US Catholic Faith in Real Life

Incoming Missal

By J. Peter Nixon| Print this pagePrint | Email this pageShare
Article
Get ready for changes to your Sunday Mass.

Parish counciling

By Gregory F. Augustine Pierce| Print this pagePrint | Email this pageShare
Article
Lord knows these organizations need some help serving their communities.

OK, children, gather around. I'll tell you what life was like before parish councils, back when my hair was brown and my dreams were green.

The pastor pretty much ran things, and that was fine with most of us. First of all, we didn't have to go to a lot of boring meetings. Second, we were free to complain to one another (and sometimes to him) about what was wrong with the parish without feeling one iota of guilt or responsibility. Finally, we didn't have to go to a lot of boring meetings.


Make room in the pew, and smile

By Darcee Thomason| Print this pagePrint | Email this pageShare
Article

We were nervous walking into the new parish for the first time. My husband and I settled our three children into a pew near the rear for a quick escape if we needed. We brought a backpack of small toys and favorite books. Most of our concern stemmed from our then-6-year-old daughter, Rachel, who is severely autistic. Would she behave? Would she have a meltdown? Would the other parishioners accept our family, or would we see icy stares, hear the under-the-breath comments, be subjected to the unsolicited advice we had experienced elsewhere?


Tough love: The challenges of parenting special needs children

By Kristin Peterson| Print this pagePrint | Email this pageShare
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Having a child with special needs can test one’s faith in God and in the parish community.

As a theologian Mary Beth Walsh of Maplewood, New Jersey had studied about suffering and injustice. But not until Walsh learned that her son, Benedict, had autism did she really understand what she had learned.

“When Ben was diagnosed, my first reaction was normal—I was really disappointed and angry with God,” explains Walsh, a lecturer in theology and pastoral ministry at Caldwell College in New Jersey.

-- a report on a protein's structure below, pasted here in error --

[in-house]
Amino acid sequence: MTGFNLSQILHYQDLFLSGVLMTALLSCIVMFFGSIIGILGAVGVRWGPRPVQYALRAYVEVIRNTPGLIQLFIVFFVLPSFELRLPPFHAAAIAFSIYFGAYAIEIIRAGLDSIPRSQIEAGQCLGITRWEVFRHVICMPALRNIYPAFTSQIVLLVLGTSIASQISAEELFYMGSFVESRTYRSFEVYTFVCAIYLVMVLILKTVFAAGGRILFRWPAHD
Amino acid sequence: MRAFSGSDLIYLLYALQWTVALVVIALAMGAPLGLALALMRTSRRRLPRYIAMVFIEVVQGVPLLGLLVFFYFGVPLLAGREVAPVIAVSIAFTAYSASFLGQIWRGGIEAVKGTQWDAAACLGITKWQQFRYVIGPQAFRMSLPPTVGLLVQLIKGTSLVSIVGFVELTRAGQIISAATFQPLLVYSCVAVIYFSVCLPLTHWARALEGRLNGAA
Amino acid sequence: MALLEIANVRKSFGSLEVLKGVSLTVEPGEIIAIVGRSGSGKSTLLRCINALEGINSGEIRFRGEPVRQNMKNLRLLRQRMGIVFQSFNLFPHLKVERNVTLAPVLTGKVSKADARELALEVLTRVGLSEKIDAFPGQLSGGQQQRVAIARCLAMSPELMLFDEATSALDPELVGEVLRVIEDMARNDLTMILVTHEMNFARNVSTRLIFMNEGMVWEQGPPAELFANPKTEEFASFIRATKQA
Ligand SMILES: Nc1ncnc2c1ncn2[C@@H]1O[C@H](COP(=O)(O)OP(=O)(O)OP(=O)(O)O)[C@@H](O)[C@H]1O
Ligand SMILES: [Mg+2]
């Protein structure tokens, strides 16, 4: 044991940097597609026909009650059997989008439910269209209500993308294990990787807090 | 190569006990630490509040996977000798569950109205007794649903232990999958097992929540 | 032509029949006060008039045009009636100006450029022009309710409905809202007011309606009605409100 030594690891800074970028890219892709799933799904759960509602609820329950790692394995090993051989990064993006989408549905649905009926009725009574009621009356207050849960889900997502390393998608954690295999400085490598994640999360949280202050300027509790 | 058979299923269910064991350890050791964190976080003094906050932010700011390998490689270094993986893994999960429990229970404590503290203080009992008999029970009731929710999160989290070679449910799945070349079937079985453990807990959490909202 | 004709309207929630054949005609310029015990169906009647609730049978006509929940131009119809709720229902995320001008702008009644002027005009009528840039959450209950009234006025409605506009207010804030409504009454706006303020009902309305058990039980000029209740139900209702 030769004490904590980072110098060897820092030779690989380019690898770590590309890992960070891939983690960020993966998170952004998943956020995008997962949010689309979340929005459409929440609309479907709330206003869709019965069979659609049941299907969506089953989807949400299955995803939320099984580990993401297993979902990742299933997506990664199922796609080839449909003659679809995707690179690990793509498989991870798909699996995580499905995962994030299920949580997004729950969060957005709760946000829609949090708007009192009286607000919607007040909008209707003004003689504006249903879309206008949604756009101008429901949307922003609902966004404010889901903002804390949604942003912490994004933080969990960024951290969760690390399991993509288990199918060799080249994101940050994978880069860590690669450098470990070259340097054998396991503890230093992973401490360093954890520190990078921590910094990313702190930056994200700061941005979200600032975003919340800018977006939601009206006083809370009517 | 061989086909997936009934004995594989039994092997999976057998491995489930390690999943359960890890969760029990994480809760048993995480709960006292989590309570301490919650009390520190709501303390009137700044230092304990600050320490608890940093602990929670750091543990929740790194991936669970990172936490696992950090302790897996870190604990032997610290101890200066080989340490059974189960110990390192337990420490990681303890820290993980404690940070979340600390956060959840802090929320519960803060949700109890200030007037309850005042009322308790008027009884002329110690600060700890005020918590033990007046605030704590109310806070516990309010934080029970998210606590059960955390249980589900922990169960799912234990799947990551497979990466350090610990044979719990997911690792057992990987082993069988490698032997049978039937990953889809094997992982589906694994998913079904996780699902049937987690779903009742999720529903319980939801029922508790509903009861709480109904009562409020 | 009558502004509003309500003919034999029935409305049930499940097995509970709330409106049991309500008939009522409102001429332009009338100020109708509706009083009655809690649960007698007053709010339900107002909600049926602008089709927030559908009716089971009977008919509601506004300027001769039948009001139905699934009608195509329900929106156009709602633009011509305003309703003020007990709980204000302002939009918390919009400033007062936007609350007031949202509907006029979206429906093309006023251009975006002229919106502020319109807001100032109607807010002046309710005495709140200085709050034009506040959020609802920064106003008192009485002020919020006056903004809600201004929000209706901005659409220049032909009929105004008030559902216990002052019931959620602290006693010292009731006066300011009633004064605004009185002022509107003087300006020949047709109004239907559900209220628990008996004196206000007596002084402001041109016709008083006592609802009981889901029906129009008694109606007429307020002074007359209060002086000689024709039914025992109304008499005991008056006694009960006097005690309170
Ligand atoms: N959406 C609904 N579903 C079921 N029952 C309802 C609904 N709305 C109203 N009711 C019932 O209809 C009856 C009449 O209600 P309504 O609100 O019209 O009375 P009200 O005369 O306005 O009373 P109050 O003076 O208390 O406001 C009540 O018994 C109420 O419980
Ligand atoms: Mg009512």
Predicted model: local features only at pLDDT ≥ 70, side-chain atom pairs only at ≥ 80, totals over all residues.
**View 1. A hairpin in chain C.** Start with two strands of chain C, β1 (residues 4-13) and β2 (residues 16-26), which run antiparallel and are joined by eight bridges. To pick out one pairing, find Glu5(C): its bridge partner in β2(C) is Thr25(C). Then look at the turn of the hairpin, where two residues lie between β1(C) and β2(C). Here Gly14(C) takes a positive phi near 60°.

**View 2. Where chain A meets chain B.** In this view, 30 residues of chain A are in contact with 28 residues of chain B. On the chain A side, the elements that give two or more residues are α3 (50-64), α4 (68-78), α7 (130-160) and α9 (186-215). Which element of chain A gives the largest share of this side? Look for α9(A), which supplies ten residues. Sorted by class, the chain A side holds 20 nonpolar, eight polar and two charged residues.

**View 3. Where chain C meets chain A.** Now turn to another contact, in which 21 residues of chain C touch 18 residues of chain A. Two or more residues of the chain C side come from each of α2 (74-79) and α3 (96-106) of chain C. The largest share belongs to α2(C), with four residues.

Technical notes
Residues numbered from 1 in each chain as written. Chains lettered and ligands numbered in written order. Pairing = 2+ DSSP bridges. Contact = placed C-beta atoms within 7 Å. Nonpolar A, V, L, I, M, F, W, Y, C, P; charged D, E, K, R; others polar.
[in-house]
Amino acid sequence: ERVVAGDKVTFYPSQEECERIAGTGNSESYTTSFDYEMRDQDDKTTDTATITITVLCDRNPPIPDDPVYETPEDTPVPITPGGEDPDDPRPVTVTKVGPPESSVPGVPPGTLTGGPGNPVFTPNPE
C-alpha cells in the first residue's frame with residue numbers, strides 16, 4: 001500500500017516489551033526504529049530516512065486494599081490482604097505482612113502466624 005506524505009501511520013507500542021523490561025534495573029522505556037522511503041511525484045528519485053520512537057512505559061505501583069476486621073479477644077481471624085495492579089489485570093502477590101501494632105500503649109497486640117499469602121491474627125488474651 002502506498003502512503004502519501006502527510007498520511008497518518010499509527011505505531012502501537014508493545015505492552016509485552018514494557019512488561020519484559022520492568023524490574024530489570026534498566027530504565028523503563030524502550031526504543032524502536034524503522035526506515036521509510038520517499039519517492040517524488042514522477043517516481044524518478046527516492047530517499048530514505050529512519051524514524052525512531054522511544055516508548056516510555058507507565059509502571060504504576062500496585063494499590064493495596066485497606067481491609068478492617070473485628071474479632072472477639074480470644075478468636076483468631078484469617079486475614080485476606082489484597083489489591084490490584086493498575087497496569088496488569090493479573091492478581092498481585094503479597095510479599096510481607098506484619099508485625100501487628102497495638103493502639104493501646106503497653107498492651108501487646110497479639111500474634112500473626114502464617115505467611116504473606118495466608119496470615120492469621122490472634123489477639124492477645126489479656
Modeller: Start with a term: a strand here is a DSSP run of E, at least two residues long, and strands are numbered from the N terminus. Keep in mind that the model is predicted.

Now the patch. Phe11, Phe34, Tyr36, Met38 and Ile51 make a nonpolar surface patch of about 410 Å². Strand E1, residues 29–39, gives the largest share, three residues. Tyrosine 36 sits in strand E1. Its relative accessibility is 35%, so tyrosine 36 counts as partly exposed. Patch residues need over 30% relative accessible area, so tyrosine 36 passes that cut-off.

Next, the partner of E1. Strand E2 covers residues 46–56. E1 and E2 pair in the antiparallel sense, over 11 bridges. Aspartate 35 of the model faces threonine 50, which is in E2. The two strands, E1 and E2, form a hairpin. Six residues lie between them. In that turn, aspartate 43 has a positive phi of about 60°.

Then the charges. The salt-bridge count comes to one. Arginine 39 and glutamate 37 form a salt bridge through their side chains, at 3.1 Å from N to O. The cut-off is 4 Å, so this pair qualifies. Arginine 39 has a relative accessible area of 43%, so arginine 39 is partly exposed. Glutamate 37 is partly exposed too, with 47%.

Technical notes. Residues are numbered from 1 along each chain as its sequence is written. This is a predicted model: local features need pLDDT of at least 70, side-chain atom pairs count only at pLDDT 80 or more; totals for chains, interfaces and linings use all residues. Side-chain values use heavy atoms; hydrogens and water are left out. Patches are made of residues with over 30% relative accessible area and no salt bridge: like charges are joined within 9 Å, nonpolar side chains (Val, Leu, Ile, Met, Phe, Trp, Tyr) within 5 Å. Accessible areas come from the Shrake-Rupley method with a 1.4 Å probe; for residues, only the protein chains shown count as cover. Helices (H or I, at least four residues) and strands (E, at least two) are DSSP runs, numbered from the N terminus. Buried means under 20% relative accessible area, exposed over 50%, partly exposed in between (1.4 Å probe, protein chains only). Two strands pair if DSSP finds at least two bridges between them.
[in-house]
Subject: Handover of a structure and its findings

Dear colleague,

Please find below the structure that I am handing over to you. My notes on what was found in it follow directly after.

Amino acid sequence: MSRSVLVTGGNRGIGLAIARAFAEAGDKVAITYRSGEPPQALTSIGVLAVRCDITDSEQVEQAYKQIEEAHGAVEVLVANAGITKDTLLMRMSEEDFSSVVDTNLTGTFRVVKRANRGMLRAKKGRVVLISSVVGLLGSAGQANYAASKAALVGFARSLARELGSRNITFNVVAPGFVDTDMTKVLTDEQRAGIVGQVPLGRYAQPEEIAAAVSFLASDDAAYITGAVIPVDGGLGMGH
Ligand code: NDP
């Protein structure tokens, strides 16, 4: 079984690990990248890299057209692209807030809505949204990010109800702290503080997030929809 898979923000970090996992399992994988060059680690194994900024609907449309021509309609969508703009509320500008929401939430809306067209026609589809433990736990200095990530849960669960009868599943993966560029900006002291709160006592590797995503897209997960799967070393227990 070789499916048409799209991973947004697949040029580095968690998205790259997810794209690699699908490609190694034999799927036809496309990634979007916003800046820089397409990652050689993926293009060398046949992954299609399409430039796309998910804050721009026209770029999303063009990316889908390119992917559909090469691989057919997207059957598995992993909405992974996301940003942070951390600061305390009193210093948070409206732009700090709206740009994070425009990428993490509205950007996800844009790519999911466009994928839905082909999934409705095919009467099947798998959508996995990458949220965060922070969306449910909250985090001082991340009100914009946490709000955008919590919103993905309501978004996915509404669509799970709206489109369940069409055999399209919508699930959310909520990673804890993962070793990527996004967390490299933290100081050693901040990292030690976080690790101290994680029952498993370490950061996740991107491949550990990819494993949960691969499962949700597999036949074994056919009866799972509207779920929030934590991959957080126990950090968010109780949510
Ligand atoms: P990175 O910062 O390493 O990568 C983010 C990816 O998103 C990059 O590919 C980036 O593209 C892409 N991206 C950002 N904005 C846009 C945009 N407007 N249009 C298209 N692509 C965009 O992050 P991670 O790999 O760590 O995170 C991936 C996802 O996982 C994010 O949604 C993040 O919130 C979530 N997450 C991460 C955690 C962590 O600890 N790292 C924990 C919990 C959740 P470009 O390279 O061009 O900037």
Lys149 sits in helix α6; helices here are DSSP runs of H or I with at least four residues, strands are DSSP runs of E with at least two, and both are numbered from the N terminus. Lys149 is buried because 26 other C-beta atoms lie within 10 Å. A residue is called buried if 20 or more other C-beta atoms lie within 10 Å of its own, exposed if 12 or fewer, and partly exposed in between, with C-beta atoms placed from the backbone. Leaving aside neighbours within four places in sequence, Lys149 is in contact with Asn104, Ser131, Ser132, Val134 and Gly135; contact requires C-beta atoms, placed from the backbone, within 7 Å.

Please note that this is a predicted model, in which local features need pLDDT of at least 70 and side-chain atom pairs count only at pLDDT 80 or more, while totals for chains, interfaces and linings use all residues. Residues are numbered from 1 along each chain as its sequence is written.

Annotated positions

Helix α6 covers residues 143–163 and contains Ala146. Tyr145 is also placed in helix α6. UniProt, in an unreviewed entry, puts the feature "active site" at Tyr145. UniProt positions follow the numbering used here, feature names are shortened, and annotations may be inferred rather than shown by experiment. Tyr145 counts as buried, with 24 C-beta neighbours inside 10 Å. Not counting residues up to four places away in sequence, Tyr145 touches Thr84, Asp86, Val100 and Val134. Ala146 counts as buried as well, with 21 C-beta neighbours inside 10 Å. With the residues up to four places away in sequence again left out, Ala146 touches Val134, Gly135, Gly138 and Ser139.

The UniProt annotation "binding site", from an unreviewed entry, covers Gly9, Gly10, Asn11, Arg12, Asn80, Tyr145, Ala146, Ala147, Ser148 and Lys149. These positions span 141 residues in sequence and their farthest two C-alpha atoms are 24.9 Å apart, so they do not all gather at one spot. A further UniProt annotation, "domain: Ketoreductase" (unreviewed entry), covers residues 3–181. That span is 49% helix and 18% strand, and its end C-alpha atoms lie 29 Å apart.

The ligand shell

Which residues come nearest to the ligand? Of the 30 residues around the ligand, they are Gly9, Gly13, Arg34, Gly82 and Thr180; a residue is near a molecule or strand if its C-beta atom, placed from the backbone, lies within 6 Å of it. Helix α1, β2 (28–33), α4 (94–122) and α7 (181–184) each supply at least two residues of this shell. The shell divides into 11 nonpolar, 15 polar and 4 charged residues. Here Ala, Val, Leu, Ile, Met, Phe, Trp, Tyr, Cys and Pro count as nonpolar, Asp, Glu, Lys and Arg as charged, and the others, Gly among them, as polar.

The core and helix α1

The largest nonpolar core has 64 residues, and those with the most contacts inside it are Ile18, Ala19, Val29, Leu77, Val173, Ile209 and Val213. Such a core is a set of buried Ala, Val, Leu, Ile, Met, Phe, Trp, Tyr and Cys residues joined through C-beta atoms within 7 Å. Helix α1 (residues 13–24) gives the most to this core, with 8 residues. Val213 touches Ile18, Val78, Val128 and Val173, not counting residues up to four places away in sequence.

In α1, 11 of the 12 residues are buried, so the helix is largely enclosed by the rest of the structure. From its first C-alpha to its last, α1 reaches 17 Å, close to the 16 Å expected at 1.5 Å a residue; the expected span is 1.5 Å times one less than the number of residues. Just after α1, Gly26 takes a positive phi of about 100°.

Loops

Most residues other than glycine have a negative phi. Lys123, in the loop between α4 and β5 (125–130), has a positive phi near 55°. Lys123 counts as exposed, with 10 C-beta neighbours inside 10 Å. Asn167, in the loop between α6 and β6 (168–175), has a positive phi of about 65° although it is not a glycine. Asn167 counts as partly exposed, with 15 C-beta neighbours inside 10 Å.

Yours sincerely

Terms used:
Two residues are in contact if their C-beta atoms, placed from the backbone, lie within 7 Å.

When bad things happen to good parishes

By Father Paul Boudreau| Print this pagePrint | Email this pageShare
Article
Parishes can’t always anticipate impending disaster, but there’s plenty they can do to prepare and protect themselves from the worst.

Let's get political

By J. Peter Nixon| Print this pagePrint | Email this pageShare
Article
How parishes can successfully navigate this election year and promote faithful citizenship

5 ways to take the dread out of religious ed

By Bill Huebsch| Print this pagePrint | Email this pageShare
Article

It was a typical Wednesday evening at the Parish Church. Gloria Jackson was preparing to meet her sixth-grade class for religious ed. This was the third class session in Gloria's short career as a volunteer catechist. Hers was a large, suburban parish and, because there were so many volunteer catechists, only those with problems received attention from the parish staff. Gloria was pretty much on her own with the sixth grade.


Big gifts come in small prayer groups

By María Ruiz Scaperlanda| Print this pagePrint | Email this pageShare
Article

With a wink and a smile and a sueeze of the hand. Gilda Rodriguez naturally knows what question to ask, what personal thing to say to each person she greets. That's no small task in a group of 50 or so Spanish-speaking parishioners gathered at St. Cyril of Alexandria Parish in Tucson, Arizona. As they do every Thursday for two hours, the men, women, and even teenagers come together to pray, sing, and share the Word of God with each other.


Can the church get in step with stepfamilies?

By Donna Hornik| Print this pagePrint | Email this pageShare
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Bette Hausman and Don Storck are in love and want to spend the rest of their lives together. If only it were as easy as scheduling the priest and ordering the cake for the Happily Ever After to begin. Storck prefers to complete his conversion to Catholicism first. The Pennsylvania couple must also wait for Storck's annulment to finalize. While they care for spiritual matters, Hausman's children make room for Storck inside their home.


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